Psychopathic Influence vs. Neurotypical Choice

I mentioned my mostly stoic but sometimes incredibly over-emotional acquaintance in a previous post.  We were going to move to another city together but that fell through for many reasons, not the least of which being that I realized that he was attempting to use me for emotional support that I am simply unwilling to give.  Yes, I led him on regarding the move and I suppose I’ve led him on this past week in which I’ve kept quiet and left him with false hope that a move was still in the works.  He’s the kind that threatens suicide whenever things do not go his way, but he also threatens suicide whenever he’s depressed.  I bring all of this up, because when I break the news to him that we are not moving, I suspect that he will, once again, threaten suicide.  Now, this does not concern me much other than it would violate my general principle (these days) of avoiding harm for others when possible.  I brought all of this up to my therapist who relayed the following to me, the point of this post.  “We can influence others, but they are the sole arbiters of control and choice in their lives.”

If we can influence others, but others ultimately have their own choices, then what responsibility do we have to remain prosocial with those around us?  Are we free from any “sin” when it comes to our influence over others?  We may be off the hook as a result of choice residing solely with others, but we should still aim to do as little harm as possible; it is in our self-interest.  This mirrors the goals of restraint and prudence that should be with any person, antisocial or not.  Maybe we aren’t responsible for the ultimate choices of others, but we can make our own lives more difficult or easier based on our own choices that may or may not influence others.  I am no fool, however, and I realize that I will succumb – as would any psychopath or otherwise antisocial – to desire and manipulate those around me at some point.  If we have two certainties, my antisocial predilection and another’s responsibility for their own choices, then who wins?  The antisocial, of course.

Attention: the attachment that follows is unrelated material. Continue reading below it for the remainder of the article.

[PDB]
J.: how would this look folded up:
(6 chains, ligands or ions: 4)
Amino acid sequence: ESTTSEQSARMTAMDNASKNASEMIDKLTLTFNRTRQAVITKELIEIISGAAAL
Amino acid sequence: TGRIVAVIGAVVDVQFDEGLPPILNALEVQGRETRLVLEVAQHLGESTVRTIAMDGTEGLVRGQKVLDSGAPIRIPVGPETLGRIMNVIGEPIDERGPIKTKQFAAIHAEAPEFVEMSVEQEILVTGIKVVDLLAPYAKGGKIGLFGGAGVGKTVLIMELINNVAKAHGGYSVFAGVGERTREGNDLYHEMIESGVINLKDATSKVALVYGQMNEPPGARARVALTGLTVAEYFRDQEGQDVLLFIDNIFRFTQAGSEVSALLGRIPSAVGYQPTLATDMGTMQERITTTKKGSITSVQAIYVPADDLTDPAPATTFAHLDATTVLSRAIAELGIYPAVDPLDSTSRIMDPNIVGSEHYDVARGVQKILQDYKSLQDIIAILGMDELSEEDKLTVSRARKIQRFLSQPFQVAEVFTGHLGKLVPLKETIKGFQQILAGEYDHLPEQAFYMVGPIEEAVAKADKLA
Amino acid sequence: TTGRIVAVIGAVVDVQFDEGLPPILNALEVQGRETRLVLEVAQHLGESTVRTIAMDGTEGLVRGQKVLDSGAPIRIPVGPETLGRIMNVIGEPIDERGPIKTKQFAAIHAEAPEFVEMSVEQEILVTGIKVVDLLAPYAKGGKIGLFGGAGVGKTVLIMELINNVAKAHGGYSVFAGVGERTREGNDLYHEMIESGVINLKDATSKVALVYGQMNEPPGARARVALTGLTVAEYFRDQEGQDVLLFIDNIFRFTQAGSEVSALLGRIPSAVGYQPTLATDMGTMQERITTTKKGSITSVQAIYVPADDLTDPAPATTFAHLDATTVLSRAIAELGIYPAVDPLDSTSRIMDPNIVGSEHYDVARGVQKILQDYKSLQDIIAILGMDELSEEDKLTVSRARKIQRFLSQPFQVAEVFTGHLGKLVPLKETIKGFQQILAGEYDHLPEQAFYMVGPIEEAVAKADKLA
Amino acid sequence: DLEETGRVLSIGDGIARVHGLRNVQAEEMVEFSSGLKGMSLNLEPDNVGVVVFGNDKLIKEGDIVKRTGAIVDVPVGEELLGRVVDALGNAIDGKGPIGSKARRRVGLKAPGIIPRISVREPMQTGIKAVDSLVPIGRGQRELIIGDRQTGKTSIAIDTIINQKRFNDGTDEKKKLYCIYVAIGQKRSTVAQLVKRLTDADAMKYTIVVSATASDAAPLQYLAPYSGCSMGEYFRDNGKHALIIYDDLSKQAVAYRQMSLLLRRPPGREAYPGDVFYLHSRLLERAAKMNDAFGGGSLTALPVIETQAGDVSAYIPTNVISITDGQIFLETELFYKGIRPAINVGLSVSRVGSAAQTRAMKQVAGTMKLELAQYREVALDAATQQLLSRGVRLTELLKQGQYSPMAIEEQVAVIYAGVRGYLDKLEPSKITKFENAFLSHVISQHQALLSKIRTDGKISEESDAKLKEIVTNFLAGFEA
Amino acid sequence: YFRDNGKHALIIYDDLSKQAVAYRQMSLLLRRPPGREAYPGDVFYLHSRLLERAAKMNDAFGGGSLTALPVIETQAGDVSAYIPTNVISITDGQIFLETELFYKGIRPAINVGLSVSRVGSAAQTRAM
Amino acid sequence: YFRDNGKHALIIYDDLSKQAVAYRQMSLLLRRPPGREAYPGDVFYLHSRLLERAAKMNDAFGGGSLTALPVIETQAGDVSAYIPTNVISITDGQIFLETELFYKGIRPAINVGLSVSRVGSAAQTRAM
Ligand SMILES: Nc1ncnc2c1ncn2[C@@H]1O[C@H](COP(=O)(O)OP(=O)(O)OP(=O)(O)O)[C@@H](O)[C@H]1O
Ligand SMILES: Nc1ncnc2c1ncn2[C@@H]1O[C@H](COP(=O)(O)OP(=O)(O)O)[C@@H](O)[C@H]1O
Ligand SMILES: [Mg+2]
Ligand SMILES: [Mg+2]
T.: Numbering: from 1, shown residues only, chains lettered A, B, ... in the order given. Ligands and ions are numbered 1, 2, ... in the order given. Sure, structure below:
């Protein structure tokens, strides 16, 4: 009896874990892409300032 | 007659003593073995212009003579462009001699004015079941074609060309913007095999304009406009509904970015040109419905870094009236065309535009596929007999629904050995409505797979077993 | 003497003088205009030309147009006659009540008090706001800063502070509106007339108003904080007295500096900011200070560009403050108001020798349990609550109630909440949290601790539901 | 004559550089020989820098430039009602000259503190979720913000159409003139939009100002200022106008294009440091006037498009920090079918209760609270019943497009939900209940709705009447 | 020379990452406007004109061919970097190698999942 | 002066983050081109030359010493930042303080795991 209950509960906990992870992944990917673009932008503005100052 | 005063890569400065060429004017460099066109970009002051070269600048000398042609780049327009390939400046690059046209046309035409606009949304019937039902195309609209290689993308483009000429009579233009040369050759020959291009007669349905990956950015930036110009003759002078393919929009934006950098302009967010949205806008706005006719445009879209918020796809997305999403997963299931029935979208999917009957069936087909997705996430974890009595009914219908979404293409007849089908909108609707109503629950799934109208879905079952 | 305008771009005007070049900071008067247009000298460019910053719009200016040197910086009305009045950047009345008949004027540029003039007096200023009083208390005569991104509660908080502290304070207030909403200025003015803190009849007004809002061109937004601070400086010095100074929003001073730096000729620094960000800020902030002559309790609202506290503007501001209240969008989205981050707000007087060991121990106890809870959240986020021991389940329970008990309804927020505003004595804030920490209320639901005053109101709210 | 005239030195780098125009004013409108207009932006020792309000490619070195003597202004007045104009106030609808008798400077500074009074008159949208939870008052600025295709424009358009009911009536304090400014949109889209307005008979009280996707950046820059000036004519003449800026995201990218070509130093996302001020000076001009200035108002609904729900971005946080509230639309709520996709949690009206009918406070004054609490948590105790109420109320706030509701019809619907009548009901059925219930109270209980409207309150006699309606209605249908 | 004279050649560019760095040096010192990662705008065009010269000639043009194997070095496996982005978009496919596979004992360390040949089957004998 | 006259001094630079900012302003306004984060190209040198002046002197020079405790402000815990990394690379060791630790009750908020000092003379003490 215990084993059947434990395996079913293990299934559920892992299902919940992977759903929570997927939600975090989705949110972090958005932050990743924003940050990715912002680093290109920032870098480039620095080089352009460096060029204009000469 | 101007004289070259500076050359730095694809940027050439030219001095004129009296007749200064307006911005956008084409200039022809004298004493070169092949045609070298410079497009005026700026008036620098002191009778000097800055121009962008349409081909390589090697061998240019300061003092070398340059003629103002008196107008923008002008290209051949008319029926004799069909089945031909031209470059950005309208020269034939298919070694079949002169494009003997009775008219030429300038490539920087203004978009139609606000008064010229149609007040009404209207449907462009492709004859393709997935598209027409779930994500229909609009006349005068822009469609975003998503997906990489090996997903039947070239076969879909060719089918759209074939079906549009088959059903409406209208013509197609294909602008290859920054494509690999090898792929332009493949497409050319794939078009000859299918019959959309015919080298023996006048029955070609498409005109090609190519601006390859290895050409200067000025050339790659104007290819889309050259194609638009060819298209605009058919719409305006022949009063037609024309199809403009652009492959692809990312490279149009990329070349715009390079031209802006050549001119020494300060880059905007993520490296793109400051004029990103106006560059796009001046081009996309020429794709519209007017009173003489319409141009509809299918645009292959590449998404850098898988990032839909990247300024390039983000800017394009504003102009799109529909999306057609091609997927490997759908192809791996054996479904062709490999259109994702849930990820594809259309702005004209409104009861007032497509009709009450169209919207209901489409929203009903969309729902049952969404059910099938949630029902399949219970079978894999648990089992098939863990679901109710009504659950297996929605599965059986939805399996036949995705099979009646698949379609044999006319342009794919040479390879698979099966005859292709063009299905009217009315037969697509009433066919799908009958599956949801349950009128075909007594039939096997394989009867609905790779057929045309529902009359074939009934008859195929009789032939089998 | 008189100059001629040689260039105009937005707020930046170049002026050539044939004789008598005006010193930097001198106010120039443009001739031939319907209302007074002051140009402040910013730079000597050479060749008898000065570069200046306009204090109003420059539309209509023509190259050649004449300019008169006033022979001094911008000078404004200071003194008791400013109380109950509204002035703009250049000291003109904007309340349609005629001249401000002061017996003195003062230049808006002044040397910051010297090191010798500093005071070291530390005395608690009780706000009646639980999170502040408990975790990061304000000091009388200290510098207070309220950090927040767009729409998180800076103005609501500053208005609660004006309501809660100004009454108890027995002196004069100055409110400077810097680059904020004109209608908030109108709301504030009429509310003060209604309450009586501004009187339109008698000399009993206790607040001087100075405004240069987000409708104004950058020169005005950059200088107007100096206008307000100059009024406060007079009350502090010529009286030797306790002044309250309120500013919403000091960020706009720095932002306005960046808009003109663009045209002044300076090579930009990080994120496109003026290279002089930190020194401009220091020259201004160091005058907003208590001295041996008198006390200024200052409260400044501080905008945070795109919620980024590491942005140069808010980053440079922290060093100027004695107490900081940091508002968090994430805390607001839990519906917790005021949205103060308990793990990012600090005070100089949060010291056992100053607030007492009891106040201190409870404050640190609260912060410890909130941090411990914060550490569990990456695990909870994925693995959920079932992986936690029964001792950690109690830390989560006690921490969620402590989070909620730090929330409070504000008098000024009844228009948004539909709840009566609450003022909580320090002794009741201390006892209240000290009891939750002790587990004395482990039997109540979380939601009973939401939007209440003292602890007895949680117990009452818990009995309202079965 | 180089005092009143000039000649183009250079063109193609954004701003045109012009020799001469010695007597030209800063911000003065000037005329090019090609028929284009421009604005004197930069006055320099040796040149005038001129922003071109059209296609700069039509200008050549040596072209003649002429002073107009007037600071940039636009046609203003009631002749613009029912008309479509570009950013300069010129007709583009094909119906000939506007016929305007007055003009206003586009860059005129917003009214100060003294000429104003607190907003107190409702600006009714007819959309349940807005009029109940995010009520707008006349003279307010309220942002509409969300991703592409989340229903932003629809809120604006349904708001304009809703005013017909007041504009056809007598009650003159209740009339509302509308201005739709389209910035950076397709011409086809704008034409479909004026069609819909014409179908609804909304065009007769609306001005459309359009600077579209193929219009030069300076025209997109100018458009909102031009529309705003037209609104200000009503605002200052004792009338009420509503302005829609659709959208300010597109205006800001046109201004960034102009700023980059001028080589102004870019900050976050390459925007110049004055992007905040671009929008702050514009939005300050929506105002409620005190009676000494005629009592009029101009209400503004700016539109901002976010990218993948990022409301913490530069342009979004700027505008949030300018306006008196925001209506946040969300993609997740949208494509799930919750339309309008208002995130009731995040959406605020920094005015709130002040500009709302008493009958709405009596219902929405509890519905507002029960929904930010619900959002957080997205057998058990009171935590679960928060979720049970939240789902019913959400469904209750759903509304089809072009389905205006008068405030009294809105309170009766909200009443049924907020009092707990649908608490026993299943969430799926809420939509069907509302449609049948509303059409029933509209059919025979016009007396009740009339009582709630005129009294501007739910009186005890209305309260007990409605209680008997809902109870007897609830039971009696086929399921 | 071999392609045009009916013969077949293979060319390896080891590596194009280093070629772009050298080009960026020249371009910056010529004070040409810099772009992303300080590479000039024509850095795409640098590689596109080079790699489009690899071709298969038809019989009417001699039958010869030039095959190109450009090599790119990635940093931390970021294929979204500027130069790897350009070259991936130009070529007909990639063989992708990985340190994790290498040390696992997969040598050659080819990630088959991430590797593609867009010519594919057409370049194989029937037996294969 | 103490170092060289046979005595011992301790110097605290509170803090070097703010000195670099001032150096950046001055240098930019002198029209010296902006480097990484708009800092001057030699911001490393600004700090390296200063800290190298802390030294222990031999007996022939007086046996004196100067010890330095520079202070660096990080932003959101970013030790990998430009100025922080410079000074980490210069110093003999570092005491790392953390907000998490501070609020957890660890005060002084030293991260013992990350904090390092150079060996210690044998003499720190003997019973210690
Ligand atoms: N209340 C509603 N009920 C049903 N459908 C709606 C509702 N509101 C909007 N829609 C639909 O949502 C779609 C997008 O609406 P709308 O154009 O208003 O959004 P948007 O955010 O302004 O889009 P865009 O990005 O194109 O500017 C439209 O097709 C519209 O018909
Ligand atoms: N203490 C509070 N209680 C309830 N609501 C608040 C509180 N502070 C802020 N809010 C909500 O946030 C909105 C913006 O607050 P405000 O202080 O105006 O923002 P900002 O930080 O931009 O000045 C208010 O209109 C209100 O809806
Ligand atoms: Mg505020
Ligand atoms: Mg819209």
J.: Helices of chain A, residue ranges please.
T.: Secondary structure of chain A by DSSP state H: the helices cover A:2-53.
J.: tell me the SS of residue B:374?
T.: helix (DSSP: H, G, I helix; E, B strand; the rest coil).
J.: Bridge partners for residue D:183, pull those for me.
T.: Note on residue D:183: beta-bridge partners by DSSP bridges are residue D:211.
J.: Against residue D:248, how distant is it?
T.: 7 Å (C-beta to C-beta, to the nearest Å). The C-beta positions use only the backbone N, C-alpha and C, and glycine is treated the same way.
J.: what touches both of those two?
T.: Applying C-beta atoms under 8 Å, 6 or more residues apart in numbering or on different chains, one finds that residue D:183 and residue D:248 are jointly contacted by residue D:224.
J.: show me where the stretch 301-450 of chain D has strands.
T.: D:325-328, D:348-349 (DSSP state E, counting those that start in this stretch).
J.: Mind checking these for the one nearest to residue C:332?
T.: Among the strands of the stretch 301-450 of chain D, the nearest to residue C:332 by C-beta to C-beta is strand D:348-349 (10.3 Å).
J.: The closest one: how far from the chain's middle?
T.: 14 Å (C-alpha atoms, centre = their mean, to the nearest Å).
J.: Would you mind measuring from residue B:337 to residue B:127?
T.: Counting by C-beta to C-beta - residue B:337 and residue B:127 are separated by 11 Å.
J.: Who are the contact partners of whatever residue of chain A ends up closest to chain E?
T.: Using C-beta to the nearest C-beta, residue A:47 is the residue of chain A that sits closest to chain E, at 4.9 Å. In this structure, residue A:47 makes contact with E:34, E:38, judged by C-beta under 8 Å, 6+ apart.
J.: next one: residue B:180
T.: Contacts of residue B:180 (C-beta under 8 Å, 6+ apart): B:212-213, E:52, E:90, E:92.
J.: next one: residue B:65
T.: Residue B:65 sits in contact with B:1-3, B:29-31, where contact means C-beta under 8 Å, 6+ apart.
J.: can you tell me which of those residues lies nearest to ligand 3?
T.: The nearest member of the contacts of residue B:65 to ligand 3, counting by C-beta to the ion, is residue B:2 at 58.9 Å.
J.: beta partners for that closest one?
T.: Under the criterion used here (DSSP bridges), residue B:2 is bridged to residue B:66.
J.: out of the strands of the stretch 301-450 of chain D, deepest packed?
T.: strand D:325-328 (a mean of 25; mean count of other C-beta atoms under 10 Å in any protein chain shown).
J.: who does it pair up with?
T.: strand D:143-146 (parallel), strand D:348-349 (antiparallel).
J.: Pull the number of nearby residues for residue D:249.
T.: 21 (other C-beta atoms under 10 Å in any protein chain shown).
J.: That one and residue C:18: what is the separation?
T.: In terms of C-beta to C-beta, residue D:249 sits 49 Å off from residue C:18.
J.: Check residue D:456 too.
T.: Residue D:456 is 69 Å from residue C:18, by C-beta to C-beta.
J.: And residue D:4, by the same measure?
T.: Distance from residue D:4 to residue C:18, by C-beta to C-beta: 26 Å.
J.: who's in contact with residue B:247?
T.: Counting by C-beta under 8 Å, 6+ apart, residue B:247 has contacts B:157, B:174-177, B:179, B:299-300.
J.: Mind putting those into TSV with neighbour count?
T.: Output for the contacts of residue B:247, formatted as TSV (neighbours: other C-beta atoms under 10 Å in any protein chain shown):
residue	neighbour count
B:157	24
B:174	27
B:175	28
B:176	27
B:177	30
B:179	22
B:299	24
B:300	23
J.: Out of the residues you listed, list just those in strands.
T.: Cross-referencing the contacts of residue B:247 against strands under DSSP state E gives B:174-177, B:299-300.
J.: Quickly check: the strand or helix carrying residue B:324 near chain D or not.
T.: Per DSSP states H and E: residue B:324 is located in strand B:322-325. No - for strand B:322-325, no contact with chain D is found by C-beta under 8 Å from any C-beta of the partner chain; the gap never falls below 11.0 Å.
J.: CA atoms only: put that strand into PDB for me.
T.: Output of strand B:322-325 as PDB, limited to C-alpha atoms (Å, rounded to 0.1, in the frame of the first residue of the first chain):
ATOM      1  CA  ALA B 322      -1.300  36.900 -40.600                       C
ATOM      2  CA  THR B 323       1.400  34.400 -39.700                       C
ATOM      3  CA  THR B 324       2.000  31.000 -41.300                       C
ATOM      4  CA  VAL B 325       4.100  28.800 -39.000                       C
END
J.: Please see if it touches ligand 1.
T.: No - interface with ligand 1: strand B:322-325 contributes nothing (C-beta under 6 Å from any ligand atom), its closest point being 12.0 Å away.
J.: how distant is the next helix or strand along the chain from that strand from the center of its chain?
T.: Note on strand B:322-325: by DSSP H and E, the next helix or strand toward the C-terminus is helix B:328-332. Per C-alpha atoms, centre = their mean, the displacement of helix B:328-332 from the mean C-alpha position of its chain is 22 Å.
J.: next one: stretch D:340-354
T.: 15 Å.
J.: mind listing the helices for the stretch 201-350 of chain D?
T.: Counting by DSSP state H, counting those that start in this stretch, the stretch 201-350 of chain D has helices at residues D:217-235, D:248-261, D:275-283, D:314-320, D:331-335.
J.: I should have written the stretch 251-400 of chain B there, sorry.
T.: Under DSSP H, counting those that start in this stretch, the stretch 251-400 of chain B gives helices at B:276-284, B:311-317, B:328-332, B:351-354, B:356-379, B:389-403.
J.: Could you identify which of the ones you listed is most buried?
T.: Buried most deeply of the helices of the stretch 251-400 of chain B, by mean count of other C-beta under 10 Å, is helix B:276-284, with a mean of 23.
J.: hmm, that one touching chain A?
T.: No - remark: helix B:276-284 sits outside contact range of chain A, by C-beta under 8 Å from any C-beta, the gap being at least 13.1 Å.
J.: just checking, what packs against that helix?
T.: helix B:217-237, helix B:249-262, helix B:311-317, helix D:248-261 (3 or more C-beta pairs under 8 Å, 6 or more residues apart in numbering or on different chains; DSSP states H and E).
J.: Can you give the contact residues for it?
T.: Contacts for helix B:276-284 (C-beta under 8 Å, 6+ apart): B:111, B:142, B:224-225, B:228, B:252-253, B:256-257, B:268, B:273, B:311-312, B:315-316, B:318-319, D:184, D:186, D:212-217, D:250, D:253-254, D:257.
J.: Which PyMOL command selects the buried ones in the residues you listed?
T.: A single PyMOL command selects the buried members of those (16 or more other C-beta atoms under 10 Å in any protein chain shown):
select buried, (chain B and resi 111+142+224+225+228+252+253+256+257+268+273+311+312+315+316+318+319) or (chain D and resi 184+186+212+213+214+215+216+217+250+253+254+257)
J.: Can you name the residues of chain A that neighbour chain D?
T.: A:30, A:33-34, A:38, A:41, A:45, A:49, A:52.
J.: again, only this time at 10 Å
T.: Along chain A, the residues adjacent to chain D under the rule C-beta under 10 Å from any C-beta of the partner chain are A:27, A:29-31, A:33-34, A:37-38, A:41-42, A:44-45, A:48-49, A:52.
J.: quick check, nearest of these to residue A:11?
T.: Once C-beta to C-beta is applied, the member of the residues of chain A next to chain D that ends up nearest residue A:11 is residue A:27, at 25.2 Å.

I’ve written a few times now about the role that the host has in a parasitic relationship.  To quickly summarize those previously made points, we should recall that it is the host’s responsibility to destroy the parasite; the parasite is merely doing what it its evolutionary niche dictates.  If I can influence as a means of furthering my own wants and needs then I should not be blamed when another uses their choice to their own detriment.  I am not responsible for the comfort of another while  looking out for myself.  If my friend does kill himself because I abandoned ship, I will lose no sleep.  If my friend has no saving grace in my absence, I will lose no sleep.  While I may have been less than ethical with my handling of the (non-existent) moving situation, it is not my responsibility to ensure that he is taken care of at the end of the day.  He’s known for quite a while that I am antisocial, he should have known better than to become subject to my influence.  Any fault resides with him, not me.  He should have squashed the mosquito before he contracted disease.  The same can be said in any interaction involving antisocials.  We may have influence, but our “victims” have choice.

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